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Taming E-Mail
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By John Beckett
 
A while ago I decided that it was time to re-think the way I handle e-mail. I reply to e-mail and usually keep up, but I was frustrated that I couldn't always remember e-mails I'd read on my phone but wanted to take some time responding to from my computer. My inbox was pretty big and it was annoying to scroll through it. The good news is that there are ways to deal with e-mail overload.
 
Here's a few things I discovered while I worked on my e-mail situation.
 
First, I unsubscribed from most e-mail lists by hitting the unsubscribe link at the bottom of messages. After I'd done this for a few weeks, I received a lot less e-mail.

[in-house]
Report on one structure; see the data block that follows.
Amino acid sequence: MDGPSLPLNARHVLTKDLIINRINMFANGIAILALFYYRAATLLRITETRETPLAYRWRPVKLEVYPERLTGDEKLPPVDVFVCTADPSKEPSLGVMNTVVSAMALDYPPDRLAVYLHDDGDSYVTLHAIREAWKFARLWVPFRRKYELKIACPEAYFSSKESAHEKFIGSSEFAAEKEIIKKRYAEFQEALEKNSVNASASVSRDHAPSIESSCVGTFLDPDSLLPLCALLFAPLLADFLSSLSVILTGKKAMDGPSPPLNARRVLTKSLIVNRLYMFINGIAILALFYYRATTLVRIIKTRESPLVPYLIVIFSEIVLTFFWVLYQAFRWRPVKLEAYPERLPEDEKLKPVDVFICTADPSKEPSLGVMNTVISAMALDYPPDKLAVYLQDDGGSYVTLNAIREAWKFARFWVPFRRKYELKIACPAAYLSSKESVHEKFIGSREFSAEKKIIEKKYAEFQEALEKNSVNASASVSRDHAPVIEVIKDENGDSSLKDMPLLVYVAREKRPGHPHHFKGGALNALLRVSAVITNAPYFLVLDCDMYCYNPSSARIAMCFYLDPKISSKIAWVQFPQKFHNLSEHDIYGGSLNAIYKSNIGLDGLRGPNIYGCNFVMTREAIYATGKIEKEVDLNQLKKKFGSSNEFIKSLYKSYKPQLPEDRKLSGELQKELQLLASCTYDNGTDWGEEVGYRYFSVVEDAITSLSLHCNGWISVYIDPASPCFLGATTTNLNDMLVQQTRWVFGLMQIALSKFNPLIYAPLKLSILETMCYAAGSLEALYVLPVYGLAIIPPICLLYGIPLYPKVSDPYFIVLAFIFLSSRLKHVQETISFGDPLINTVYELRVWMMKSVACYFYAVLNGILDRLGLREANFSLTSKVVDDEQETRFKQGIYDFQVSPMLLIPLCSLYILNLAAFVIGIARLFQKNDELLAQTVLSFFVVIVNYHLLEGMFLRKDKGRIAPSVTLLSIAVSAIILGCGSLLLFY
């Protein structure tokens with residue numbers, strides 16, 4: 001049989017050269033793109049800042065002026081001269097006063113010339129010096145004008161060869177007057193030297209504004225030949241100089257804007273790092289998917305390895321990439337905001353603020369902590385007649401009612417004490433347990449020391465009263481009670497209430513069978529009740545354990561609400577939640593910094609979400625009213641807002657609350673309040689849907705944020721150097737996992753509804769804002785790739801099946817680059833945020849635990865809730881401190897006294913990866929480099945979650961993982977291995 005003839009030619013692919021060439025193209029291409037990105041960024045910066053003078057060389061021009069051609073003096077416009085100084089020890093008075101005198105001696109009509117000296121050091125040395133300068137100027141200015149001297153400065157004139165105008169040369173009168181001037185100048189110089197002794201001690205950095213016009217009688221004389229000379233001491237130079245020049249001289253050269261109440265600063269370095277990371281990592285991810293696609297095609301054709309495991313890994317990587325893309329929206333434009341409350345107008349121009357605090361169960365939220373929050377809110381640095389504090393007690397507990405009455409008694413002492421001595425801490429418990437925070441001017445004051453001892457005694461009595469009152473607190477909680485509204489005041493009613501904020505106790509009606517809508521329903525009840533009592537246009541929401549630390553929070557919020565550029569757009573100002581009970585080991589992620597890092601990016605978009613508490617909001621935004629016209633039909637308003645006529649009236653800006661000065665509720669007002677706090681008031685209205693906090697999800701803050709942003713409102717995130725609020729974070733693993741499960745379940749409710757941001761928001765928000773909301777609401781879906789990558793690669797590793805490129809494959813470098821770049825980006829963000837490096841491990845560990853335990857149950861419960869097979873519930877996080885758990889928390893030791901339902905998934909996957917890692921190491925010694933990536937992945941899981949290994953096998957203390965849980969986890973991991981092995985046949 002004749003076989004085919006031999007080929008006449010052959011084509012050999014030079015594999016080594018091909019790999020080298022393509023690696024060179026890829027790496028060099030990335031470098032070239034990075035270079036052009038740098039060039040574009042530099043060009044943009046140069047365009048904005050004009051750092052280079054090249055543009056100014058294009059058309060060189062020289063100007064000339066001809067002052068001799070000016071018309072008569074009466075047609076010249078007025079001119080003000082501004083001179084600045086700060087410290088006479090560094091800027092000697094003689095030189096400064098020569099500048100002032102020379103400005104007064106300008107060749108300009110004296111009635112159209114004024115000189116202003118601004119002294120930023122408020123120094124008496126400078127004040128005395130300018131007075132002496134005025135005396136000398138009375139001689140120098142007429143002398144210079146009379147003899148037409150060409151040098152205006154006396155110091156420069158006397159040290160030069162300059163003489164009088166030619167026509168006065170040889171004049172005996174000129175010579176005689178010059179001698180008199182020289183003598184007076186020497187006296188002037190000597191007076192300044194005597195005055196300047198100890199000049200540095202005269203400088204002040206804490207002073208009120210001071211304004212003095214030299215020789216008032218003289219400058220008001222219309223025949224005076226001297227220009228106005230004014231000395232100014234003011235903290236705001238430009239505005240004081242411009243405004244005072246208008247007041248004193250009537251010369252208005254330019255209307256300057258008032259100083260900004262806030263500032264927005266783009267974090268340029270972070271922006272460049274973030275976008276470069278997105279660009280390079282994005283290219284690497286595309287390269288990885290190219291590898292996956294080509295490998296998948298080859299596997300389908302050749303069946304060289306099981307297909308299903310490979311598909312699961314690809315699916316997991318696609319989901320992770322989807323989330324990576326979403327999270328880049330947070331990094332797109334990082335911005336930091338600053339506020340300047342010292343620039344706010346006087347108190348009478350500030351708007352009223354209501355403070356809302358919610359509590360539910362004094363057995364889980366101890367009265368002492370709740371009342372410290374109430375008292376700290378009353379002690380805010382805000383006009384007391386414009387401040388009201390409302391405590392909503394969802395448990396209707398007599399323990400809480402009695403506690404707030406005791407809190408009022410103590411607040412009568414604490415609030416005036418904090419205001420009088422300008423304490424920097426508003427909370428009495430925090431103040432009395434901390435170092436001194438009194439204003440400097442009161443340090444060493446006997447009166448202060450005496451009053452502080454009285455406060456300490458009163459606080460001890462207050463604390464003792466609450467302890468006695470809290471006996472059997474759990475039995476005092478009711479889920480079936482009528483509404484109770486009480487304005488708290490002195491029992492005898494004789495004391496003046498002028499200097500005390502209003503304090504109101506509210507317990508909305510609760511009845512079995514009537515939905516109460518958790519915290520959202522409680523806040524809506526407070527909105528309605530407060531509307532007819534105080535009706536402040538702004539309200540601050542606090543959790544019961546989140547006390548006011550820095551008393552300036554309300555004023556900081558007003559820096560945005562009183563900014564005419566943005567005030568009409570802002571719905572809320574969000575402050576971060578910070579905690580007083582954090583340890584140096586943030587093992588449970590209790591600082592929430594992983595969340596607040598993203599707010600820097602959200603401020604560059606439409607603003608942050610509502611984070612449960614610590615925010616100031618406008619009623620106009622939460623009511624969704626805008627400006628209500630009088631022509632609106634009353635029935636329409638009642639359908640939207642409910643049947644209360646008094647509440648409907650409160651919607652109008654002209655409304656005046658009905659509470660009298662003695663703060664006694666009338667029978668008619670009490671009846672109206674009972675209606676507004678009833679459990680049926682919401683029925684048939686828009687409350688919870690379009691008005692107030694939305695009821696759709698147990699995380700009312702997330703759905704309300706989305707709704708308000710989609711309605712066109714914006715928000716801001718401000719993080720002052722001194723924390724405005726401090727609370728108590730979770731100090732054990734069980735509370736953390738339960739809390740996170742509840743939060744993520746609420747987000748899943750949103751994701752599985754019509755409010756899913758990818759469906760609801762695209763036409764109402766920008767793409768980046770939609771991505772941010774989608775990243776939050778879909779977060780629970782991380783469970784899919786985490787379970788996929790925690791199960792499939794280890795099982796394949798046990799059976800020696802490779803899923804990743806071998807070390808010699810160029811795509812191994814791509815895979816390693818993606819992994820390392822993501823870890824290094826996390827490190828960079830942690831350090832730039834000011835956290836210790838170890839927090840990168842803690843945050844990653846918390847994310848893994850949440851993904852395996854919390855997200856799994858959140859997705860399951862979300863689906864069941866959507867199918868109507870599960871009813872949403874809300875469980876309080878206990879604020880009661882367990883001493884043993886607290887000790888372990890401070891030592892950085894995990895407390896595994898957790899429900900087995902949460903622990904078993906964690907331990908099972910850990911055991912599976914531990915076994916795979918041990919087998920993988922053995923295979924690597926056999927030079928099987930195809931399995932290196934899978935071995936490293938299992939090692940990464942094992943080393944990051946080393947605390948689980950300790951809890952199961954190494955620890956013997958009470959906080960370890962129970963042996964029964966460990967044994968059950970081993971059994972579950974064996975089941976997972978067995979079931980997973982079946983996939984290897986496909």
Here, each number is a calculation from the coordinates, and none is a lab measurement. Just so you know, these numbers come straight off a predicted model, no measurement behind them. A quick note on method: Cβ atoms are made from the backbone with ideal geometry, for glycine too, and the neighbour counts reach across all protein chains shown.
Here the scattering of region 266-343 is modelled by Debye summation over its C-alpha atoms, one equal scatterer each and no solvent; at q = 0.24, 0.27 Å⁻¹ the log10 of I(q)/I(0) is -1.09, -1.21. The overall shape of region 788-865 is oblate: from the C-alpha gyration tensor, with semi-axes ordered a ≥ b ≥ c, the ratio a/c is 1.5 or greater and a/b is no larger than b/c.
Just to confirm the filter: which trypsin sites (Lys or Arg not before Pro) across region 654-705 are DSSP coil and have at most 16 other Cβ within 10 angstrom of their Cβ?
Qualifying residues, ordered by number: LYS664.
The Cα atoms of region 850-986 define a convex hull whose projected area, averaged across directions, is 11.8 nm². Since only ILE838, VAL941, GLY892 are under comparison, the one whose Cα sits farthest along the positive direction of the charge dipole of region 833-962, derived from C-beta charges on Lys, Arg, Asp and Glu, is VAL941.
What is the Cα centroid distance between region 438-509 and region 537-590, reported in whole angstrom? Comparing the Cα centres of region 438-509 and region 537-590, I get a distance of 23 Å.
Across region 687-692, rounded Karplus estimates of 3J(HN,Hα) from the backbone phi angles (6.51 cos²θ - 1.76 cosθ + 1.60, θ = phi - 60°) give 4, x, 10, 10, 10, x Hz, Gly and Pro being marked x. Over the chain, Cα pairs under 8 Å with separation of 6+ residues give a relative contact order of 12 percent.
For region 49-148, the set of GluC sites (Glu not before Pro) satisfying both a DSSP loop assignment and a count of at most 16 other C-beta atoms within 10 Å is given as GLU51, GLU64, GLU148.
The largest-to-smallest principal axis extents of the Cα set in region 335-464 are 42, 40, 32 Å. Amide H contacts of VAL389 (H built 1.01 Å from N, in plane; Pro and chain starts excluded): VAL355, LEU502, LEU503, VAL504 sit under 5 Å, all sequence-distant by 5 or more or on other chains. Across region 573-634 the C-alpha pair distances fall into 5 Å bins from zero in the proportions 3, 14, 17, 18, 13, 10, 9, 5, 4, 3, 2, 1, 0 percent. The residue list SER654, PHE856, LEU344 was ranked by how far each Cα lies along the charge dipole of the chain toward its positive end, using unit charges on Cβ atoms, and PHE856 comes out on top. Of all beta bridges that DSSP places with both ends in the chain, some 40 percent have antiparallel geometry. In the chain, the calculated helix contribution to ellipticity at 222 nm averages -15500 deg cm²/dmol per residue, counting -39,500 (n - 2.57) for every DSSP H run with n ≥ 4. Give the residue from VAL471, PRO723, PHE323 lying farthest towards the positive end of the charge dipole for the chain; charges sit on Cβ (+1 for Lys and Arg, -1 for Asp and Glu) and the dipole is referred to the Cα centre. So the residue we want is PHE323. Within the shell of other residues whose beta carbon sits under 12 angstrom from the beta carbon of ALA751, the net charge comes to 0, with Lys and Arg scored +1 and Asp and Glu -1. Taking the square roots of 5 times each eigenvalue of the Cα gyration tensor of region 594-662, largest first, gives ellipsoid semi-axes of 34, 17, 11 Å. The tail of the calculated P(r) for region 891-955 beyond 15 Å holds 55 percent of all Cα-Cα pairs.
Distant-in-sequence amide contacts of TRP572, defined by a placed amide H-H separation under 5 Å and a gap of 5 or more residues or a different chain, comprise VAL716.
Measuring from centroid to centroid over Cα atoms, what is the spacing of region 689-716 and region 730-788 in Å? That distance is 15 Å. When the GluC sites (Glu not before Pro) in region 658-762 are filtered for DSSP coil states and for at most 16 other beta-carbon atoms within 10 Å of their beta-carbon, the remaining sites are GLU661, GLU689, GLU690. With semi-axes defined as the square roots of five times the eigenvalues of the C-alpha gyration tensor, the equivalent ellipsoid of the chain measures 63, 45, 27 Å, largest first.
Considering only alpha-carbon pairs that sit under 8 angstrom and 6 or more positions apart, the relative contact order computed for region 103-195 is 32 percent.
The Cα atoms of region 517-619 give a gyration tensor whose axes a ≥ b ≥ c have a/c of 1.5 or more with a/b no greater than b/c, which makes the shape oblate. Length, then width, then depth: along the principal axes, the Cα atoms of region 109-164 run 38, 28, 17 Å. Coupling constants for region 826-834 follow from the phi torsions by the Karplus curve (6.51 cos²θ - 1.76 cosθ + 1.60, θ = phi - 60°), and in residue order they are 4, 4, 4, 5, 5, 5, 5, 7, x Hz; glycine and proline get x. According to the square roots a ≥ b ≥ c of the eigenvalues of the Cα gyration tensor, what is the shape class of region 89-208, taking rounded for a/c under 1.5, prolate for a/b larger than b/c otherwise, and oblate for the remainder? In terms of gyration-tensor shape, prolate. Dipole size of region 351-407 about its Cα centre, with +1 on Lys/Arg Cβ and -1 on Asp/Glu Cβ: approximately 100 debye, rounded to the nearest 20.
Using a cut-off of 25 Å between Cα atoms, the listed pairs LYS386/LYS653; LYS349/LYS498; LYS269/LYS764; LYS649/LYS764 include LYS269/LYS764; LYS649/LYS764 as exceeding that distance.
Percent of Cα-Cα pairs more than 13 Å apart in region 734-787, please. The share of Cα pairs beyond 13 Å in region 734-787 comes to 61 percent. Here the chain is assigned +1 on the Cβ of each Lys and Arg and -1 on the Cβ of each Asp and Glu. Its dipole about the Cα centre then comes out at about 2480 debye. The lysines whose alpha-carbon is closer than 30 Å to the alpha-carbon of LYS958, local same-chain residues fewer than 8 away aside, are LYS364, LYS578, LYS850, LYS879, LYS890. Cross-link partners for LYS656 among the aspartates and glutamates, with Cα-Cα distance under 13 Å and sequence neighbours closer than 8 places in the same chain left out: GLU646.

My e-mail box still was messy though, so I looked around online for advice and found inboxzero.com. This site offers a quick education in processing your e-mail. For me this means that when I get a new e-mail, I delete it right away if it has no further value, or forward it along if someone else needs to handle it. If I need to keep it, I sort it into one of three folders. I use "Hot" for things I want to deal with soon, "Pending" for things I want to come back to after someone responds, and "Archive" for things I want to keep for future reference. The idea is that it needs to be an easy decision about what needs to happen with every inbound message. For this reason, I don't worry about a complicated archive structure, I just hit the search box. 
 
This new system works for me. It keeps the most important things most visible, and fits my need to use e-mail on both my phone and computer.
 
Most of us spend a lot of time dealing with e-mail, so it's well worth the effort to spend a little time improving the way we use it.
 
John Beckett is director for the Office of Global Software and Internet for the General Conference